Firebase is a Google platform that has multiple features in it. Those are Analytics, Performance Tracking, Firestore DB, Crashlytics, Messaging etc. Most of them are very useful, but there is one that is always overestimated. We will be talking about Firestore DB. Don’t get me wrong, I’m not claiming it’s something terrible, as Google would never create that. We will check how useful it will be in comparison to custom backend.
First of all, we will determine all benefits mentioned by Firestore fans.
(1) One developer can write Front-end and Back-end
(2) It’s cheaper than writing a custom Back-end
(3) It’s faster than writing a custom Back-end
(4) It supports a real-time update
(5) Firestore support offline mode automatically from the box
To see all the benefits and pitfalls we will try to recreate the whole flow developing Startup with Firestore.
We will not divide the Firebase Database and Firestore, because most of the pitfalls are the same for both. Afterwards, we will only talk about the best one of this couple – Firestore.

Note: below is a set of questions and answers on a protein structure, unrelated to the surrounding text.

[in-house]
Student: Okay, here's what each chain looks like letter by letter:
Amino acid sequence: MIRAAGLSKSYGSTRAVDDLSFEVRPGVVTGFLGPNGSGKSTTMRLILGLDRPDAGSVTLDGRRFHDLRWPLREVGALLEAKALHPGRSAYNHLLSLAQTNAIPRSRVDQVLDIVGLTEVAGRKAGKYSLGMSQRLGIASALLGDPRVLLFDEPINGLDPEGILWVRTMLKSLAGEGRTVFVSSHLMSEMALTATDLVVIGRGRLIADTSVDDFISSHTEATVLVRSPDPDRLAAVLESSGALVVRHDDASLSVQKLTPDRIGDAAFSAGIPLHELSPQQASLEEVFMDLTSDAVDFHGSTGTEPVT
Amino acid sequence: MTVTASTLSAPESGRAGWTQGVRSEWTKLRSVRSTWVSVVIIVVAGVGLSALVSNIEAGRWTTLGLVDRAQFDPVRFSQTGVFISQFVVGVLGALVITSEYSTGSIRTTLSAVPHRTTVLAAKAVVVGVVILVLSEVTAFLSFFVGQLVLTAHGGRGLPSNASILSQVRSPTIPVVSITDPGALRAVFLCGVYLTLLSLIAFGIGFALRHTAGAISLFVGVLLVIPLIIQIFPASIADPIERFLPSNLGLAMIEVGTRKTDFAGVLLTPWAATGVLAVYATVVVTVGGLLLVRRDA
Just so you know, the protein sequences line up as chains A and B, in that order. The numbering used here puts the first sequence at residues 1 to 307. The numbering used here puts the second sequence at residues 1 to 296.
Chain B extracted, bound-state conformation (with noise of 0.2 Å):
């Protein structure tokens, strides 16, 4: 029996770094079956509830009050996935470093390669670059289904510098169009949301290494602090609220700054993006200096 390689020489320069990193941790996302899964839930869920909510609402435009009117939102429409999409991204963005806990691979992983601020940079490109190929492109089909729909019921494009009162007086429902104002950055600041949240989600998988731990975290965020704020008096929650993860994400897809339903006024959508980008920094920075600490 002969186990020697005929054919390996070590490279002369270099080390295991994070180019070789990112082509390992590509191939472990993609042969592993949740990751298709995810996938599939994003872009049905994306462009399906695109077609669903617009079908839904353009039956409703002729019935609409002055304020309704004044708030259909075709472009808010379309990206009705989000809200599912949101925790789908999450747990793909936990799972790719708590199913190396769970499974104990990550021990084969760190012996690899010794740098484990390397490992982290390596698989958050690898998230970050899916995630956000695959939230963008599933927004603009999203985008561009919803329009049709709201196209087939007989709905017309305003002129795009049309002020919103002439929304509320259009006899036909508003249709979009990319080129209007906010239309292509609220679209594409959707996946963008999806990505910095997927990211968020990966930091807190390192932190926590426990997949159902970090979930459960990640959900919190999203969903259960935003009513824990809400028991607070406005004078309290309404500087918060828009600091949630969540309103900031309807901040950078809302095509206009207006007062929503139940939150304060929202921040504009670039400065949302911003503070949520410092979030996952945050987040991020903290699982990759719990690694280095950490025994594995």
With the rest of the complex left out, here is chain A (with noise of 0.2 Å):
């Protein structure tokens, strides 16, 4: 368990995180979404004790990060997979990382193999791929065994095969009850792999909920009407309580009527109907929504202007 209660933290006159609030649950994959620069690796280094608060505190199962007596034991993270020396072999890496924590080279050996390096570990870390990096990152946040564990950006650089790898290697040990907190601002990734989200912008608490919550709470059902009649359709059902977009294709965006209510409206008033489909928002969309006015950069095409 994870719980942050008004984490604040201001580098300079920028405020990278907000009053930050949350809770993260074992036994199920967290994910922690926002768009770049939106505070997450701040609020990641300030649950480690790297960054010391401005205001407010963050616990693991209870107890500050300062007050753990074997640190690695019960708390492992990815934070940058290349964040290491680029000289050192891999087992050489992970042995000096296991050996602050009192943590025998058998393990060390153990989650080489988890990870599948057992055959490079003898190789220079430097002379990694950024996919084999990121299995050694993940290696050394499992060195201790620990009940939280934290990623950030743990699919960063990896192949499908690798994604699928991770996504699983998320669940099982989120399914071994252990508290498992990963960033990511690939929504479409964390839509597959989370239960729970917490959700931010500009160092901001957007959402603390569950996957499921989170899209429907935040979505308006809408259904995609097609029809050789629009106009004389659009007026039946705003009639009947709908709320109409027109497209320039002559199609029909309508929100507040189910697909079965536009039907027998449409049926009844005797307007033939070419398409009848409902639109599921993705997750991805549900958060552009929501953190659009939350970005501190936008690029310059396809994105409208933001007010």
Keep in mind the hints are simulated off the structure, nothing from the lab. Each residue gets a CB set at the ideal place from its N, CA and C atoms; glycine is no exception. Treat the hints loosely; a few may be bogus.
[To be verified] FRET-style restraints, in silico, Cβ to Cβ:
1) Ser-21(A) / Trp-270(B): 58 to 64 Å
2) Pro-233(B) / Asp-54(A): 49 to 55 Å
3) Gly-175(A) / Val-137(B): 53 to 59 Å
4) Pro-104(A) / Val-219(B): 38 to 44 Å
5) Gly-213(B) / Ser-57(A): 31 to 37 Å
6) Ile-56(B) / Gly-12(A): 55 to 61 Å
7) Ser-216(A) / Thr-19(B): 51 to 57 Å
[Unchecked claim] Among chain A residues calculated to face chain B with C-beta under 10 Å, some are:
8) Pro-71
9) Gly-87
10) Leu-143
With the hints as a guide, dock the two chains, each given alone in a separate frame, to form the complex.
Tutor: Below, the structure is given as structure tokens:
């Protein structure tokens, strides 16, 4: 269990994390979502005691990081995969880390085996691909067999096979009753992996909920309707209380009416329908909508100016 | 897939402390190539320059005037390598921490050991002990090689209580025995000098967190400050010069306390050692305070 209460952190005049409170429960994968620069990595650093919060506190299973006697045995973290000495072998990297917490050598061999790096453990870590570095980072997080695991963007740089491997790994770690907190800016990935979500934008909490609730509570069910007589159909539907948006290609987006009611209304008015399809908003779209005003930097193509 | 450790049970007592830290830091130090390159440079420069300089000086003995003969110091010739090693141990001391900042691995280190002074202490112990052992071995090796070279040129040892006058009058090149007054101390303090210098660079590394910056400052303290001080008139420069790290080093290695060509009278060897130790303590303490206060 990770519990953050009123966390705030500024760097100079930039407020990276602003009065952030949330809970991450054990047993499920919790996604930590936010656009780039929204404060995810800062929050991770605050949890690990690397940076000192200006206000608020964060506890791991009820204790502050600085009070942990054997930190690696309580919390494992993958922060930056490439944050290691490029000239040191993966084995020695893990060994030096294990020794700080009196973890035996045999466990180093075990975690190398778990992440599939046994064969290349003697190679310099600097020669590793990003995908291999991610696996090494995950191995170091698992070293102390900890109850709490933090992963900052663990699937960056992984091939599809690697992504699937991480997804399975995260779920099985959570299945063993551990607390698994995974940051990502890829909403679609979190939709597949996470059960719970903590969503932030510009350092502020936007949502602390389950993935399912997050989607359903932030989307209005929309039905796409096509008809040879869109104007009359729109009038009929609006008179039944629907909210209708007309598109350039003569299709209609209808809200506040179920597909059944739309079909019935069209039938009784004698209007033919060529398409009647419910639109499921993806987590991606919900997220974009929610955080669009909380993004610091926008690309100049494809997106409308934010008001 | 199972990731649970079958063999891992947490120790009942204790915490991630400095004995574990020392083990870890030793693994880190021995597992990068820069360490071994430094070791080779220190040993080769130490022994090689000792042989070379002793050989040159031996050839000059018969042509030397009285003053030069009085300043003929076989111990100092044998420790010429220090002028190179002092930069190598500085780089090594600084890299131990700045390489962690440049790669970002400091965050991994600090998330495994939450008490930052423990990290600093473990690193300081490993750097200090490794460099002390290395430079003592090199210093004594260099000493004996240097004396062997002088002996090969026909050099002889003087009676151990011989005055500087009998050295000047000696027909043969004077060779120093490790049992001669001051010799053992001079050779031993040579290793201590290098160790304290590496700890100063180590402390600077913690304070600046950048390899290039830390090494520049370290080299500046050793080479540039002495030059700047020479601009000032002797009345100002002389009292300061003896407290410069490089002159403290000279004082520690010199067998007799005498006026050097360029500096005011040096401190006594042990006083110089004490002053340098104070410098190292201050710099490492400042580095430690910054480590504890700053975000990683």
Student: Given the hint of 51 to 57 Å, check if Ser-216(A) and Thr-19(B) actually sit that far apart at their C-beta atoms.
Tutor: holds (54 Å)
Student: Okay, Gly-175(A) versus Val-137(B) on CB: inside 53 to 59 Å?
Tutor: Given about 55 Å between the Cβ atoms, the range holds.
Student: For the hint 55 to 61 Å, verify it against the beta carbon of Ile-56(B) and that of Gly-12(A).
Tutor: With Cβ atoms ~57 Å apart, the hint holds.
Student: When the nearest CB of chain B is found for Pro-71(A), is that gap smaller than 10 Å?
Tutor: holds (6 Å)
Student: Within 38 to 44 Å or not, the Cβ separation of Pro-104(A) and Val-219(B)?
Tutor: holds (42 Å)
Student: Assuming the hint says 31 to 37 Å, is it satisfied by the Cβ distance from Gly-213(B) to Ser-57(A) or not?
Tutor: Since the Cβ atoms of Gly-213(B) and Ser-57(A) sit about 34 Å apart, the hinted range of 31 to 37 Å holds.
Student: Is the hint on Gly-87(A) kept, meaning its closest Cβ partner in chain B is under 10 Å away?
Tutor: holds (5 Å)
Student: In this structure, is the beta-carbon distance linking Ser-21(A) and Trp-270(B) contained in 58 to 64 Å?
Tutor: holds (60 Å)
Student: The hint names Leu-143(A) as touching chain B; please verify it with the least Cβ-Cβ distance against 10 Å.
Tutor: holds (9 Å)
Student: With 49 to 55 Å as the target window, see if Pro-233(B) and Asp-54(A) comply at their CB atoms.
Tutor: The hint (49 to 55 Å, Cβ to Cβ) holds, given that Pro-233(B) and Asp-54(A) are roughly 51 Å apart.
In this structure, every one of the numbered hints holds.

First of all I would like to review a really powerful feature from the list written on top – offline mode support. That really works well and will give a good user experience to your application for free. When the app will not have internet connection – Firestore will return the latest cached data and all changes will be automatically synced after the internet will appear.
A first huge + to Firestore!!!
Now let’s try to create our startup with Firestore. To do that, we will need to learn what Firestore is and how it is working
Firestore is a not relational database.
A relational database can be seen as a group of different lists connected with each other with lines (relations). All lists are independent and can be connected by relations in the future when there will be a need to combine two or more lists.
A non-relational database is a tree-like structure that does not have relations by default. It can be seen as a folder structure where you always move deeper and deeper by hierarchy. When we need to have connections – we will be creating several small databases connected by unique identifiers.
Having all this in mind – our first task is to create a database architecture for non-relational Firestore.